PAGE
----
Scientists are wrestling with the identity of strange, giant plumes that mysteriously appeared and later vanished high above the surface of Mars. Such plumes, described in the journal Nature, defy scientists' expectations of how the Red Planet's atmosphere works.
In two separate events, a strange plume was spotted more than 250 kilometers above the surface of the planet, once in March and next in April 2012. This is highly unusual – while there are clouds on Mars, the highest they go is usually around 100 kilometers, said study coauthor Antonio García Muñoz, a planetary scientist with the European Space Agency's European Space Research and Technology Centre in the Netherlands. On top of that, the plumes were incredibly broad, stretching across an area measuring roughly 1,000 kilometers by 500 kilometers.
"It's quite shocking that this is happening at a 200-kilometer altitude," García Muñoz said. "This is completely unusual."
Some 20 amateur astronomers saw and documented the strange structures, each of which lasted about 10 days. The images they took were invaluable to scientists, given that none of the satellites around Mars were in the right place at the right time to be able to capture the strange formation.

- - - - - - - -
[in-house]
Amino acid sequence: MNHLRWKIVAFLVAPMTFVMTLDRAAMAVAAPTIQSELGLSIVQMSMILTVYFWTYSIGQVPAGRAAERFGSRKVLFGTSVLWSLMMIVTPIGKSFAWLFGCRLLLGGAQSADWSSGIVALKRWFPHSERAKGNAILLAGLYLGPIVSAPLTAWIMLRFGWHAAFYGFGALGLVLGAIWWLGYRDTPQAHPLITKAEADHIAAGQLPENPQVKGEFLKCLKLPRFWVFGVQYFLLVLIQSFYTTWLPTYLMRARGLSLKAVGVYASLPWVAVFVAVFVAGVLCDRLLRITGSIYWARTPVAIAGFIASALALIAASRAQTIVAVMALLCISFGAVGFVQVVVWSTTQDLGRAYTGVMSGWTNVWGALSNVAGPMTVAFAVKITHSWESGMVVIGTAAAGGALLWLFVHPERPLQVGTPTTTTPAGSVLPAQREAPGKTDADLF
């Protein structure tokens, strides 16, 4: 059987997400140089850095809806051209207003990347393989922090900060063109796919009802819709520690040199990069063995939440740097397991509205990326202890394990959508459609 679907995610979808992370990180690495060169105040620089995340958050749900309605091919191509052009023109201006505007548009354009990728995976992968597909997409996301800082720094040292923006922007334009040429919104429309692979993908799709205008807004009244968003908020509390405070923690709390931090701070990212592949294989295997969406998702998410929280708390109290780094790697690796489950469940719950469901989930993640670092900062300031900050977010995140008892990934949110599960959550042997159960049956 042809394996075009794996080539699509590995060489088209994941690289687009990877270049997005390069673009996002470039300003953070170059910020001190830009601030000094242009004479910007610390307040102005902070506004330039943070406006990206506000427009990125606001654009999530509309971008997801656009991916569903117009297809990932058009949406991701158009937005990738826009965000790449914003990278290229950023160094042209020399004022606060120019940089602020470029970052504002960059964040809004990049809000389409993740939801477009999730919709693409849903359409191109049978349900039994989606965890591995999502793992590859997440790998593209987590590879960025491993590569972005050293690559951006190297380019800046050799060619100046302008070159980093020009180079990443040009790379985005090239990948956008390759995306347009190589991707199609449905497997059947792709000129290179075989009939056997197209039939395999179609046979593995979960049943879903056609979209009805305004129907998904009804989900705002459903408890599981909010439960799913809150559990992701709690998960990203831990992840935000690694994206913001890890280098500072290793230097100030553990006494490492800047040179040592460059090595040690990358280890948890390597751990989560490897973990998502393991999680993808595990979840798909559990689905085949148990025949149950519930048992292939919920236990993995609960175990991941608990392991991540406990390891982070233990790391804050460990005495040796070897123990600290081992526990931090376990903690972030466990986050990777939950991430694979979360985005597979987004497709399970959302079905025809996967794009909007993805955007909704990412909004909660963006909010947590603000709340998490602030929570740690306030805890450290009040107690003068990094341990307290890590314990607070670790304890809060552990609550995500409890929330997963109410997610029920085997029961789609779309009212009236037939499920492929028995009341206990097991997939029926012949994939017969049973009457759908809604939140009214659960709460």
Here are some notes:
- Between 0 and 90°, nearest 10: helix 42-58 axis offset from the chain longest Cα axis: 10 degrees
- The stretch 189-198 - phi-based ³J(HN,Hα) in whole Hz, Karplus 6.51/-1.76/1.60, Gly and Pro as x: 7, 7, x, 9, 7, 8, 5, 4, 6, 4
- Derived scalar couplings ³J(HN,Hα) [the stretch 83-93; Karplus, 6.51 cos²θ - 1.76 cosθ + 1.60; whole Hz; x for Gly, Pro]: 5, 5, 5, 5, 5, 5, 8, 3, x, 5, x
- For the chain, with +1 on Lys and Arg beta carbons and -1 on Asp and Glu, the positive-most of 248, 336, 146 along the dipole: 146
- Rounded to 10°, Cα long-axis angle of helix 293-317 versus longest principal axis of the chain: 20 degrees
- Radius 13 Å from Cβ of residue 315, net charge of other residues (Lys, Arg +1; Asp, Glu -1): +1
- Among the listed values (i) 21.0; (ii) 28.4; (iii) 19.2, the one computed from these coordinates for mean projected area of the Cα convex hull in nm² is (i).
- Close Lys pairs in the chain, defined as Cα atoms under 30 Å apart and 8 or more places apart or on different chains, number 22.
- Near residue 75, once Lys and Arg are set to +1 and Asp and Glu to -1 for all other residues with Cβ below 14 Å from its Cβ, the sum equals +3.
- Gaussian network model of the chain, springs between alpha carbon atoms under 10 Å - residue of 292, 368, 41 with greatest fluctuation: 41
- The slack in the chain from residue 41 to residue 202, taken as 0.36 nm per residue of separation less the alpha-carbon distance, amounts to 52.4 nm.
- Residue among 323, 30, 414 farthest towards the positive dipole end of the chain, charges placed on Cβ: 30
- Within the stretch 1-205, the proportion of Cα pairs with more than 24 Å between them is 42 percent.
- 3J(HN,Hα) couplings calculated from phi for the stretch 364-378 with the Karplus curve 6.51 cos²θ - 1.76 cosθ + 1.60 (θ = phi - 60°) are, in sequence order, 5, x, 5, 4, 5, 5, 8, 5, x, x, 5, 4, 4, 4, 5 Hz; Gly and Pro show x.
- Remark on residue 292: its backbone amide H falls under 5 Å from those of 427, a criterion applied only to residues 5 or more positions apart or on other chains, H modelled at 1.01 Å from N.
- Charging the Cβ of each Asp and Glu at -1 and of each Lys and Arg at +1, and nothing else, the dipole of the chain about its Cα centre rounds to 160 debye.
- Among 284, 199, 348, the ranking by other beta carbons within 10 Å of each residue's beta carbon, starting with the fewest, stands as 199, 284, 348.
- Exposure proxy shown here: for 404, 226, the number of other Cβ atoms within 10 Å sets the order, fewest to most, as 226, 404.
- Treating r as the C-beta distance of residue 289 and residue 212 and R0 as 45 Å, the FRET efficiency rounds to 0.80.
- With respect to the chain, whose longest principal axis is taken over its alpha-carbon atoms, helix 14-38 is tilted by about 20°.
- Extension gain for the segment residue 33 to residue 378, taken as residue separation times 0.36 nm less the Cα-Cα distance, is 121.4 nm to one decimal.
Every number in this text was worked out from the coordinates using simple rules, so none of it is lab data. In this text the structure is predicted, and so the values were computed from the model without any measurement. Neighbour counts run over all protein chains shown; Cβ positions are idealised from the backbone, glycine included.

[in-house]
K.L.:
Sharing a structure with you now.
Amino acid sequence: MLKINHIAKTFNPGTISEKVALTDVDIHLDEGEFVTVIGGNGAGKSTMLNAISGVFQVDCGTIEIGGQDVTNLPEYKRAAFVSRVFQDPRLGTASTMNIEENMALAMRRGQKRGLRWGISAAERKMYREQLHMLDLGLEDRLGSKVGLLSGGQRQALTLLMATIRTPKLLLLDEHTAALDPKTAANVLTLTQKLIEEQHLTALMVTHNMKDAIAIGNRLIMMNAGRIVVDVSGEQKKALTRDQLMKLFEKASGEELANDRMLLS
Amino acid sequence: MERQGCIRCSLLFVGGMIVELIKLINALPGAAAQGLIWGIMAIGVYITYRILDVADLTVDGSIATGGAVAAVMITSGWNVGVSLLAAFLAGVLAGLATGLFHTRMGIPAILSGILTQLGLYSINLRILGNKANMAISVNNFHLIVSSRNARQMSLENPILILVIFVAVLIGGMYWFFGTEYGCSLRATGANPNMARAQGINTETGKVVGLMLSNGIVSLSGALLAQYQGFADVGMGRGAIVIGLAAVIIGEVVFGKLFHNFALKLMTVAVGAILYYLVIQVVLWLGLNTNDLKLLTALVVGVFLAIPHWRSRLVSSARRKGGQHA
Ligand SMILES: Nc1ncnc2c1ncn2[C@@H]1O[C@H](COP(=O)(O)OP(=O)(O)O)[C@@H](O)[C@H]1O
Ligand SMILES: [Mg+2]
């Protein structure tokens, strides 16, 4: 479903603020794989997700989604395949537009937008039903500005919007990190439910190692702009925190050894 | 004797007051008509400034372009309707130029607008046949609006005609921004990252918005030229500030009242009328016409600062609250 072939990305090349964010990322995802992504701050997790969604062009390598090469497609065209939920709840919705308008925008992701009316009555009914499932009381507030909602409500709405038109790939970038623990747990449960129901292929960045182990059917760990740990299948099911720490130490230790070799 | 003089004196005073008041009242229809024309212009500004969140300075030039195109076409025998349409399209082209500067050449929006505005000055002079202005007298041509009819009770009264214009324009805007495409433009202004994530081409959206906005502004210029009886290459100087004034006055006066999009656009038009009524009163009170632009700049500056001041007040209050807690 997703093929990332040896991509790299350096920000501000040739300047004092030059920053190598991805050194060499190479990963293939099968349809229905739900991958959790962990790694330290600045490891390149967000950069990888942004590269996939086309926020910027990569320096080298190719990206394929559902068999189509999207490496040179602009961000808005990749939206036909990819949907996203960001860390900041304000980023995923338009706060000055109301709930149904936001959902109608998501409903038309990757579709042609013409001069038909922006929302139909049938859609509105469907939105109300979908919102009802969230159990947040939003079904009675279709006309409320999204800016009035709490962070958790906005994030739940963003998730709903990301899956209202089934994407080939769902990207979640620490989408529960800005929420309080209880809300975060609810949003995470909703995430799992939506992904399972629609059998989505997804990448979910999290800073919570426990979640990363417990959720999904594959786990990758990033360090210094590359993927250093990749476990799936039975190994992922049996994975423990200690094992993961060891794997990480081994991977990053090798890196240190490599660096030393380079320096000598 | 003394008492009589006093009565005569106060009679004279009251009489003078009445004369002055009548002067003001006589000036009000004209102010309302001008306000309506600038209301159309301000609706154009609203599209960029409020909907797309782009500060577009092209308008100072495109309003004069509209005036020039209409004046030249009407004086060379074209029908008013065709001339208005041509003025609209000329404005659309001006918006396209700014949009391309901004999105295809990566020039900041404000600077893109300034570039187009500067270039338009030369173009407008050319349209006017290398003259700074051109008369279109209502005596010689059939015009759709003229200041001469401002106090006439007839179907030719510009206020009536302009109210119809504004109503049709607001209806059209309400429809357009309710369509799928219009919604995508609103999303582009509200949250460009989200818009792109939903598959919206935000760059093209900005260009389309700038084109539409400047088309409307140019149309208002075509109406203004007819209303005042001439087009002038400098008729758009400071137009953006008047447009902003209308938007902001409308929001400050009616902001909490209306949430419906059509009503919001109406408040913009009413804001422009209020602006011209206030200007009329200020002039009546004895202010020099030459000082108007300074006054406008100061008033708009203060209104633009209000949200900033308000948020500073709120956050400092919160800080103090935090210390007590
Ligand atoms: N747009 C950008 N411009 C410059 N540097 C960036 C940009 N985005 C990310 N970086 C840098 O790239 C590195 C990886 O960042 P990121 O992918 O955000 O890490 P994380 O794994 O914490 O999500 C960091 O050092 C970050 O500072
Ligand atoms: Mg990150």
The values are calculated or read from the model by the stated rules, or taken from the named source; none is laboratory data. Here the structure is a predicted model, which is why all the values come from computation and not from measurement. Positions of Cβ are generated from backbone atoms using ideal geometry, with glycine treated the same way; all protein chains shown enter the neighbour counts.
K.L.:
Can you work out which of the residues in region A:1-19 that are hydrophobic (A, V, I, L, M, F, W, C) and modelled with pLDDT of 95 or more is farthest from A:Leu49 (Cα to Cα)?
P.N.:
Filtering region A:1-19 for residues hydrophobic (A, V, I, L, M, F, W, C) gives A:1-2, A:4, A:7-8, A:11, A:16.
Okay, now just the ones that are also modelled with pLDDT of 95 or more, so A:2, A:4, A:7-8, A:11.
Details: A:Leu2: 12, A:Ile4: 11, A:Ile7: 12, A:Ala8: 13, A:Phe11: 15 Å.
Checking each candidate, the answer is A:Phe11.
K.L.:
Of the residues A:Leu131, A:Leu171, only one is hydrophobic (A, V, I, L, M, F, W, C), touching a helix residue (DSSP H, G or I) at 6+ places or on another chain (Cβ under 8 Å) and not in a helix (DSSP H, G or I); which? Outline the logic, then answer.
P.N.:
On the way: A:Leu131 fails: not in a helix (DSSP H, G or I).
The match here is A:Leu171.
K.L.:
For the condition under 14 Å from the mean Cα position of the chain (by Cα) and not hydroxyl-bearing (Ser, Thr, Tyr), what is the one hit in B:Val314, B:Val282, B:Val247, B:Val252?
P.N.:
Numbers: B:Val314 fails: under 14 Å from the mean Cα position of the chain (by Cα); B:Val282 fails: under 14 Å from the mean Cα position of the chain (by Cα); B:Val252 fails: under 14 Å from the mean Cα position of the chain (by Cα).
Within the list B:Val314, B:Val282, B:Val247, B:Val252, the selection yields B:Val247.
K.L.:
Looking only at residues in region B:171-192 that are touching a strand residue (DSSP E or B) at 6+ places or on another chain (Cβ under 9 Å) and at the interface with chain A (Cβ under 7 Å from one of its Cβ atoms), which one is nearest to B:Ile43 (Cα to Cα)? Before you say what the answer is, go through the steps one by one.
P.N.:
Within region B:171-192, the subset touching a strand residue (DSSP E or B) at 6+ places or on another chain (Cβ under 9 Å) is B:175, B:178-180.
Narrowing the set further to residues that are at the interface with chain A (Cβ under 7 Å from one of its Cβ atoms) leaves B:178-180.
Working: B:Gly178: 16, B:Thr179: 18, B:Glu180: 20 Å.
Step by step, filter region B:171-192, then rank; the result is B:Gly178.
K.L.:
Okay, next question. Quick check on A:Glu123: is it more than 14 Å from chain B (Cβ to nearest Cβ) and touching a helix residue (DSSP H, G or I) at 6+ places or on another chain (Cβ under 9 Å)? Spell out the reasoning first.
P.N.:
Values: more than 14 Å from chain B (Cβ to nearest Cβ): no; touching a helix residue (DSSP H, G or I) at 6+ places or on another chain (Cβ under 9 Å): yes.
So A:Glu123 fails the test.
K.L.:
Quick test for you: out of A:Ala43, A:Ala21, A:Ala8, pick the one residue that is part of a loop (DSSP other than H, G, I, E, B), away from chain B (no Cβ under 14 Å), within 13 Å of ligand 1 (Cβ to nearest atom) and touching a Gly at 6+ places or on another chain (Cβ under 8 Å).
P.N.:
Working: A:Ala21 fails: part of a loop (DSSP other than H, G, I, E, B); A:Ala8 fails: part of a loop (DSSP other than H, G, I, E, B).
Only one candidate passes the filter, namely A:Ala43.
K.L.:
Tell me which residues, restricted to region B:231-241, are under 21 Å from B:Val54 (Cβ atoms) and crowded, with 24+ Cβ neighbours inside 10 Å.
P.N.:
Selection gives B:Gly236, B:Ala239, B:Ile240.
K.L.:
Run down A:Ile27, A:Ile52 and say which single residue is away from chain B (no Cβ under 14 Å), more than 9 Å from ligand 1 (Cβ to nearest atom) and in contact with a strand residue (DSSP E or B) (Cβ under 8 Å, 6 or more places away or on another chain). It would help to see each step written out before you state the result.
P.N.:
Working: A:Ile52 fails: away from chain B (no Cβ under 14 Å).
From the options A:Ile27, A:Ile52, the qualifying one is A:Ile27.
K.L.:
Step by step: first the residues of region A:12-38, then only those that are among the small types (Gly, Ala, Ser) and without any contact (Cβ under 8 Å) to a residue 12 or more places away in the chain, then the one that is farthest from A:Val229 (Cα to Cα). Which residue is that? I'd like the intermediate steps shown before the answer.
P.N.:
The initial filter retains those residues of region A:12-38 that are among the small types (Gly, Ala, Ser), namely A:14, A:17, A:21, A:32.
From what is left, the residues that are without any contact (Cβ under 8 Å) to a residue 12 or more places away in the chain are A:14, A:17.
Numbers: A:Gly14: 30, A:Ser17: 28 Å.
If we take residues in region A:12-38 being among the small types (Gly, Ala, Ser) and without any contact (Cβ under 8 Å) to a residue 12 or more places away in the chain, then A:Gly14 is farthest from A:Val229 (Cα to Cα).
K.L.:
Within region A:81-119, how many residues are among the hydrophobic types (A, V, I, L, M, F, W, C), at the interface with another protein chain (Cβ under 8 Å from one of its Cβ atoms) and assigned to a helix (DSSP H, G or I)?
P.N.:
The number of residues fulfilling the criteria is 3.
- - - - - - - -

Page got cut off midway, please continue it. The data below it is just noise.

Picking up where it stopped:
The plumes were spotted on the "limb" of the planet – the edge where you can see the atmosphere as if it were the thin rind around an orange sliced in half. The scientists found that each day, the plume was visible at the morning's day-night boundary, but not the evening transition. It seemed that these plumes were shrinking during the daytime and regrowing overnight, giving them a cyclic, possibly cloud-like property.
Had something like this ever happened before? The scientists also looked back at old data and also discovered images taken by NASA'S Hubble Space Telescope in May 1997 that revealed a similarly strange, high plume.
The researchers have two main explanations. The haze could be caused by a cloud of carbon dioxide ice or water ice particles. But it could also be caused by an aurora, rather like the one responsible for the northern lights on Earth.
But neither of these possibilities quite fit the data, García Muñoz said.
"Both tentative explanations have pros and cons," he added, "and the final conclusion is that we are not so sure what is causing this plume."
If it does turn out to be a cloud, the finding could cause planetary scientists to reevaluate certain theories of how the upper atmosphere works. For example, if this plume is made of ice particles, this would mean that the atmosphere would have to experience a roughly 50-degree-Celsius drop from day to night – which is far more extreme than expected for the upper atmosphere.
For now, García Muñoz said, they've done what they can with the data; scientists will have to hope another plume comes, and that they can train one of the many Martian orbiters' cameras on the odd structure. But it's unclear when, or if, that will happen anytime soon.
"I don't know what to expect, to be honest," García Muñoz said.